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Reading in between: Done with winter but not quite ready for spring

Posted on April 24, 2018 at 6:00 am

By Susan Goertz

Winter has never been my favorite season. This one seemed to drag out endlessly—gray clouds heaped on the horizon like immobile lumps of oatmeal. The sun rarely filtered through. At last, with April’s arrival, the light is returning—the dormant season ending. Though I’ve longed for this, there is a chill reticence still in my bones. Sometimes spring flowers dancing in the breeze feel too bright and buoyant, even inappropriate, for those of us not quite ready to emerge from our cocoons. The need to let go, even grieve the passing season, still lingers.

With this in mind, I’ve developed a transitory spring reading list, a chance to let go of winter and all the trials therein. Books to cradle in the grass, under budding tree branches, while grumbling to myself like a hibernating bear, disturbed a bit too soon.

Books have a way of finding us when we need them most with pages that lead us through a painful, shared experience. Afterglow: a dog memoir by Eileen Myles held me up through the recent loss of my cat. Myles recalls life with and without their beloved pit bull, Rosey, in this hilarious and heart-wrenching, absurdly beautiful book. Myles explores the relationship through numerous literary devices, attempting to give Rosey the voice she never had and pondering the answer to the question every animal owner craves to know, “what does my animal think of me?”

April is National Poetry Month, and nothing can balm a frostbitten soul quite like poetry. I Just Hope It’s Lethal: Poems of Sadness, Madness, and Joy is a poetry compilation inspired by the angst-ridden transitional time when one moves from child to adulthood. The poem “Jade’s Iguana’s are Dead” by Gregory Rarzan made me snort with laughter, even as a tear zipped down my cheek. Funny, desperate, hyperbolic, poignant, and inspiring, this is the perfect book to welcome in the possibility of spring.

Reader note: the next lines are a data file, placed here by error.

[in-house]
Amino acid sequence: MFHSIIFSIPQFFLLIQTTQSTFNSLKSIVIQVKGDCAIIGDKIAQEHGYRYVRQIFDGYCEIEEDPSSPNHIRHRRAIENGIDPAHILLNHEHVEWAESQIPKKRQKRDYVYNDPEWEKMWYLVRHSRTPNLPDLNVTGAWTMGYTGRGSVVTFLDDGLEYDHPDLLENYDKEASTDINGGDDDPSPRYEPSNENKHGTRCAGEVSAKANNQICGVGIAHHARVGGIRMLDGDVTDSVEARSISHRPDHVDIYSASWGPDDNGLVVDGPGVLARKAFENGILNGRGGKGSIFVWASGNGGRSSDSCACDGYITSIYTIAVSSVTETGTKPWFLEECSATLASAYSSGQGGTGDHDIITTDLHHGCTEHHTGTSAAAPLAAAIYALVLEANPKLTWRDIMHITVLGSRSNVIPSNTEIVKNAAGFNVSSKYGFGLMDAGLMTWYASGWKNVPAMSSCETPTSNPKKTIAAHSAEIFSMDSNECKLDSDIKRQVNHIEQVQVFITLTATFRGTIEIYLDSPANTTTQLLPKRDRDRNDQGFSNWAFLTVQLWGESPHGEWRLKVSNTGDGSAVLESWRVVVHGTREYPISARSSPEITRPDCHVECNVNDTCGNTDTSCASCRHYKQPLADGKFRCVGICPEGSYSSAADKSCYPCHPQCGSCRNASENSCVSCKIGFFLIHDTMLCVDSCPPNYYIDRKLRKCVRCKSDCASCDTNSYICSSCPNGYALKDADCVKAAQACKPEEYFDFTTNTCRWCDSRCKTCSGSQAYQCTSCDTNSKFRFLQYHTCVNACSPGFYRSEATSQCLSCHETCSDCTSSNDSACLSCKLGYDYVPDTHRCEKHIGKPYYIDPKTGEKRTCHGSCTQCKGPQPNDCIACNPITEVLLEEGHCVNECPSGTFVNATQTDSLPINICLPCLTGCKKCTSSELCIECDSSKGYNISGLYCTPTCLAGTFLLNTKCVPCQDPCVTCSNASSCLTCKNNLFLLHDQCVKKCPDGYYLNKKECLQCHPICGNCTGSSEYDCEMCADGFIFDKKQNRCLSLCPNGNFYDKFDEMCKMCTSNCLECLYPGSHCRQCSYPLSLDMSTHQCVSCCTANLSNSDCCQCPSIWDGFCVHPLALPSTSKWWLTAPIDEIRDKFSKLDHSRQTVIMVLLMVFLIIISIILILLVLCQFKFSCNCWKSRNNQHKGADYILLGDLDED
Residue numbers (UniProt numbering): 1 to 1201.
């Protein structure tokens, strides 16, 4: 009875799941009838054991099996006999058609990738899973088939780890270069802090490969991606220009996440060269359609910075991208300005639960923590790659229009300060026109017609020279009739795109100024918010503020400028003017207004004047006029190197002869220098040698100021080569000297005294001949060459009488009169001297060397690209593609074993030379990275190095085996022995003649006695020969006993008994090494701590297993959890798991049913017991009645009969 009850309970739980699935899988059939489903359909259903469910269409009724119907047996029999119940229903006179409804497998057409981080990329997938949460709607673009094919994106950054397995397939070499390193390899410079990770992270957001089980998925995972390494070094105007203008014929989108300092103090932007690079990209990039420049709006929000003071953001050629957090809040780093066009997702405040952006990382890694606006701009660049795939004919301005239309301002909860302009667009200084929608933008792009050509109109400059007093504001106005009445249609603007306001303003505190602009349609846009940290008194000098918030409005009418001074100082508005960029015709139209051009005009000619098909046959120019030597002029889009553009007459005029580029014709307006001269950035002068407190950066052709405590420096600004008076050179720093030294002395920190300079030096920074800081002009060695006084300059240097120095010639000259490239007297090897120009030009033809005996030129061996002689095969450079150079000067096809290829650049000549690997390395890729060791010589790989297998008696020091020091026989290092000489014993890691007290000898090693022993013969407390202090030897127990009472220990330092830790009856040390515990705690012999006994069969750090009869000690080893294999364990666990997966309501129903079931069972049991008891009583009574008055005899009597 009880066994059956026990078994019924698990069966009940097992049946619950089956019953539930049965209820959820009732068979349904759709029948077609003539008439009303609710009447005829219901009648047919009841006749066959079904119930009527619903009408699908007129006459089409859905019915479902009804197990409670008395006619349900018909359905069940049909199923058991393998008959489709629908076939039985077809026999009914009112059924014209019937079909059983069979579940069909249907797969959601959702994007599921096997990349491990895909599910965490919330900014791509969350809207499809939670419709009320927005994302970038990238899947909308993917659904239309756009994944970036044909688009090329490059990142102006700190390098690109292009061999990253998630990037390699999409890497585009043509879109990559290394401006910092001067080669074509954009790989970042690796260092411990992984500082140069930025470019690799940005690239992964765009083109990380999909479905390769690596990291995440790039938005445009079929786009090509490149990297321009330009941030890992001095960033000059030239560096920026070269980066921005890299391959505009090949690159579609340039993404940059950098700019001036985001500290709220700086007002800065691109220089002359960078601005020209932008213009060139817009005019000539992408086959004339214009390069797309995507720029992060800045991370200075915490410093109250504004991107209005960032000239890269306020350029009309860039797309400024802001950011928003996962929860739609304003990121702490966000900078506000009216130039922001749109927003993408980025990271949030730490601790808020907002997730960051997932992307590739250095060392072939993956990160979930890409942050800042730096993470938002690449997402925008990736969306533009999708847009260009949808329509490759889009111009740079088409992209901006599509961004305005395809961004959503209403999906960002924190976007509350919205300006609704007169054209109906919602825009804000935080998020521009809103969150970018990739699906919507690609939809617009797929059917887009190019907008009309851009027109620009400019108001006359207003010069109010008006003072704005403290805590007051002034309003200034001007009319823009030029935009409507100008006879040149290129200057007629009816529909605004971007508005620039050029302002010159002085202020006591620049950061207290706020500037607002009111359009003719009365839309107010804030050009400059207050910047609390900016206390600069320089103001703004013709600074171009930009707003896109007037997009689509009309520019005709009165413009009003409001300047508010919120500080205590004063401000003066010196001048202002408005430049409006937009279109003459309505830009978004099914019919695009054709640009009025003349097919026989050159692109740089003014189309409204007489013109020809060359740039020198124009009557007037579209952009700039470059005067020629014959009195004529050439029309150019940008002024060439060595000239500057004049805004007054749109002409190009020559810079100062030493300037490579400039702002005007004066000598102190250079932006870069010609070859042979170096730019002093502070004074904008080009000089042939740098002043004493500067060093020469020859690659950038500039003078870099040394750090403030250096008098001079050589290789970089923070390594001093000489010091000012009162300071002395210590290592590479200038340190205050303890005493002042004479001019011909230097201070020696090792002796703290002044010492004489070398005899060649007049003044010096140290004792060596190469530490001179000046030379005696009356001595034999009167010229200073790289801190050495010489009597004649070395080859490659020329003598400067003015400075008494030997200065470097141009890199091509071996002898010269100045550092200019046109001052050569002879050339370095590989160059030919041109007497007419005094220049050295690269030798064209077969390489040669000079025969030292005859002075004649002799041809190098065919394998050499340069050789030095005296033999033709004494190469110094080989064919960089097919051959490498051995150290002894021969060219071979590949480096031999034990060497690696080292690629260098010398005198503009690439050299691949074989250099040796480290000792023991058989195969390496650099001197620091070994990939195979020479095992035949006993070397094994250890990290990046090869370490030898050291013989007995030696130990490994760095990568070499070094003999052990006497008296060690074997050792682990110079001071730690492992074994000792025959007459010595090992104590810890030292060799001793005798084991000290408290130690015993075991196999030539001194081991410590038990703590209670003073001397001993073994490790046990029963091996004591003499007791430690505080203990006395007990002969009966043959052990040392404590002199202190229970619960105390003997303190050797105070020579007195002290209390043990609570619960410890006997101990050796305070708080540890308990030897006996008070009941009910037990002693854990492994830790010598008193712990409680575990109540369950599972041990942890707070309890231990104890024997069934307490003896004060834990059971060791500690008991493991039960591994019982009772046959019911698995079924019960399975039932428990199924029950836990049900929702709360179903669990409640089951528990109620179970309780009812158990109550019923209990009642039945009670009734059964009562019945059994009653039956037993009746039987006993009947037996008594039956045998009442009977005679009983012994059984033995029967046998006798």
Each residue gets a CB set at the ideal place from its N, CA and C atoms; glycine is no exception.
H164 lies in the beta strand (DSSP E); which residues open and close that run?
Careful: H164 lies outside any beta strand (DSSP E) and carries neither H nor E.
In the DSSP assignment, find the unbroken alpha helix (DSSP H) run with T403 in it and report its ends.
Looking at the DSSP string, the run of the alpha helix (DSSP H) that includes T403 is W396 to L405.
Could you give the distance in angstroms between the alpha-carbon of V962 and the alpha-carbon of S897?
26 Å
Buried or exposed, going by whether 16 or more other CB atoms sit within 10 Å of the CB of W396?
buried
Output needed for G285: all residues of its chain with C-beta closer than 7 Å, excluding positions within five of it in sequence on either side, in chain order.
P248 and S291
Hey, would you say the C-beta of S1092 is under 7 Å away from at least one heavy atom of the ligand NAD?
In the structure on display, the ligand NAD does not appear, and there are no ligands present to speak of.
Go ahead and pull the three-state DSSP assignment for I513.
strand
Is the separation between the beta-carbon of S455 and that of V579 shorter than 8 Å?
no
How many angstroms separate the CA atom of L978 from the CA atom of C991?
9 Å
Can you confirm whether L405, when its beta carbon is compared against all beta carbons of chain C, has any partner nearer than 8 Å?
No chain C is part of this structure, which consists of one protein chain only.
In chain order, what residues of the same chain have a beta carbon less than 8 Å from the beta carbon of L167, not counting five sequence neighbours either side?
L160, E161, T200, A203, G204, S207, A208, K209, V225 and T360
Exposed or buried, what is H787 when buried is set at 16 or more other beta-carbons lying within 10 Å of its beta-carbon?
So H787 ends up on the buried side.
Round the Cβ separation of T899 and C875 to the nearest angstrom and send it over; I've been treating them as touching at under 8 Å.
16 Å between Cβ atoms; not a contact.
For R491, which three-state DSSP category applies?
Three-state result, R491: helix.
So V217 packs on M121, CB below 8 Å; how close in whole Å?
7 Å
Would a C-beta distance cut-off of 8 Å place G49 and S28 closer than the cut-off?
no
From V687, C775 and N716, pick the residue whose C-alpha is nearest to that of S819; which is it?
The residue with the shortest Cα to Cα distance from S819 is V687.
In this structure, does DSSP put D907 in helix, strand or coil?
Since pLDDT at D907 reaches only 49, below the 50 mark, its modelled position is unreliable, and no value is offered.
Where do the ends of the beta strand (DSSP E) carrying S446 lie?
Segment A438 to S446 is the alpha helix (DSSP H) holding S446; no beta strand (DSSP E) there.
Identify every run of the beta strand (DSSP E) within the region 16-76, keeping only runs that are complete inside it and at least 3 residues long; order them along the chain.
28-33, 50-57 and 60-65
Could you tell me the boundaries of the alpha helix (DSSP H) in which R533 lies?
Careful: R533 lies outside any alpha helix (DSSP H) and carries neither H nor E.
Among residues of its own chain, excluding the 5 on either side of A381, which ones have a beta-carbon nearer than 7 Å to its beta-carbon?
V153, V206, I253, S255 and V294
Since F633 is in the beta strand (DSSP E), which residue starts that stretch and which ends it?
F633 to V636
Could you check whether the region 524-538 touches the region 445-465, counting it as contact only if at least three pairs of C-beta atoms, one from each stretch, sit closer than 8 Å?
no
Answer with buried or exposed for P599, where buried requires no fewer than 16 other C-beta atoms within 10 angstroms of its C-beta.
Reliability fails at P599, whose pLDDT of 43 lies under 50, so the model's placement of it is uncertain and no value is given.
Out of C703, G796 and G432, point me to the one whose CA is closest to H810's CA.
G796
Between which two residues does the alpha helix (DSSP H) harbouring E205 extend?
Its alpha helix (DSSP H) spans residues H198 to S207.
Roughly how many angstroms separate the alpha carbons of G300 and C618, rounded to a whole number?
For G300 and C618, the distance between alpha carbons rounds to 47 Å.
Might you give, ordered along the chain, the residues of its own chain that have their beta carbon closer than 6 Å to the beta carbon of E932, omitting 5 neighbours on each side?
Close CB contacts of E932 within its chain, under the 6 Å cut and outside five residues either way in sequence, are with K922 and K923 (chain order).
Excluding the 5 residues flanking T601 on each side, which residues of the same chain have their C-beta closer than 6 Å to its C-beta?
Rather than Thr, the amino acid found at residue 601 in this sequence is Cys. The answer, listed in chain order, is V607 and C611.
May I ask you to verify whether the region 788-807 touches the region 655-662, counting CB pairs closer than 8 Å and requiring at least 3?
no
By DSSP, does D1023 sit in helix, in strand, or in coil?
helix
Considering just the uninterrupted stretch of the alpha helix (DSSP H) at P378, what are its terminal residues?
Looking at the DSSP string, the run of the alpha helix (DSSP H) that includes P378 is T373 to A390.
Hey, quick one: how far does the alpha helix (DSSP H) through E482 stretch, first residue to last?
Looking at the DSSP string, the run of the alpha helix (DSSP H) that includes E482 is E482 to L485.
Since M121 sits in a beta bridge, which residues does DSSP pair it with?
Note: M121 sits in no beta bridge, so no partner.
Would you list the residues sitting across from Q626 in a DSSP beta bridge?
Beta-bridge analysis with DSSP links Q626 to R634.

Elegies are often the only connection left to those of us who remain after a loved one dies, the only tolerable companion through our grief. The Art of Losing: Poems of Grief and Healing, edited by Kevin Young, offers us a companion for every shade of grief.

Sometimes we lose someone whose loss makes it feel as though all existence should stop. The Art of Death by Edwidge Danticat maps the author’s journey through her mother’s passing with cancer, navigating a new way through the world, without those we lean on most. Danticat’s experience sheds light on the universality of loss, the comfort of grieving through literature, and the grace in finding acceptance. In so doing, Danticat touches on some of the most famous literary works delving into death: Toni Morrison’s Sula, Alice Seabold’s The Lovely Bones, Gabriel Garcia Marquez’s One Hundred Years of Solitude, Christopher Hitchens’s Mortality, and more. Danticat proposes that we all need our dark spaces, our shadows. As Tennessee Williams once said, “If I got rid of my demons, I’d lose my angels.”

We all need our winters, our moments of mourning and contemplation. Only then are we ready to welcome the spring. Only then will our inspiration bloom.

Susan Goertz

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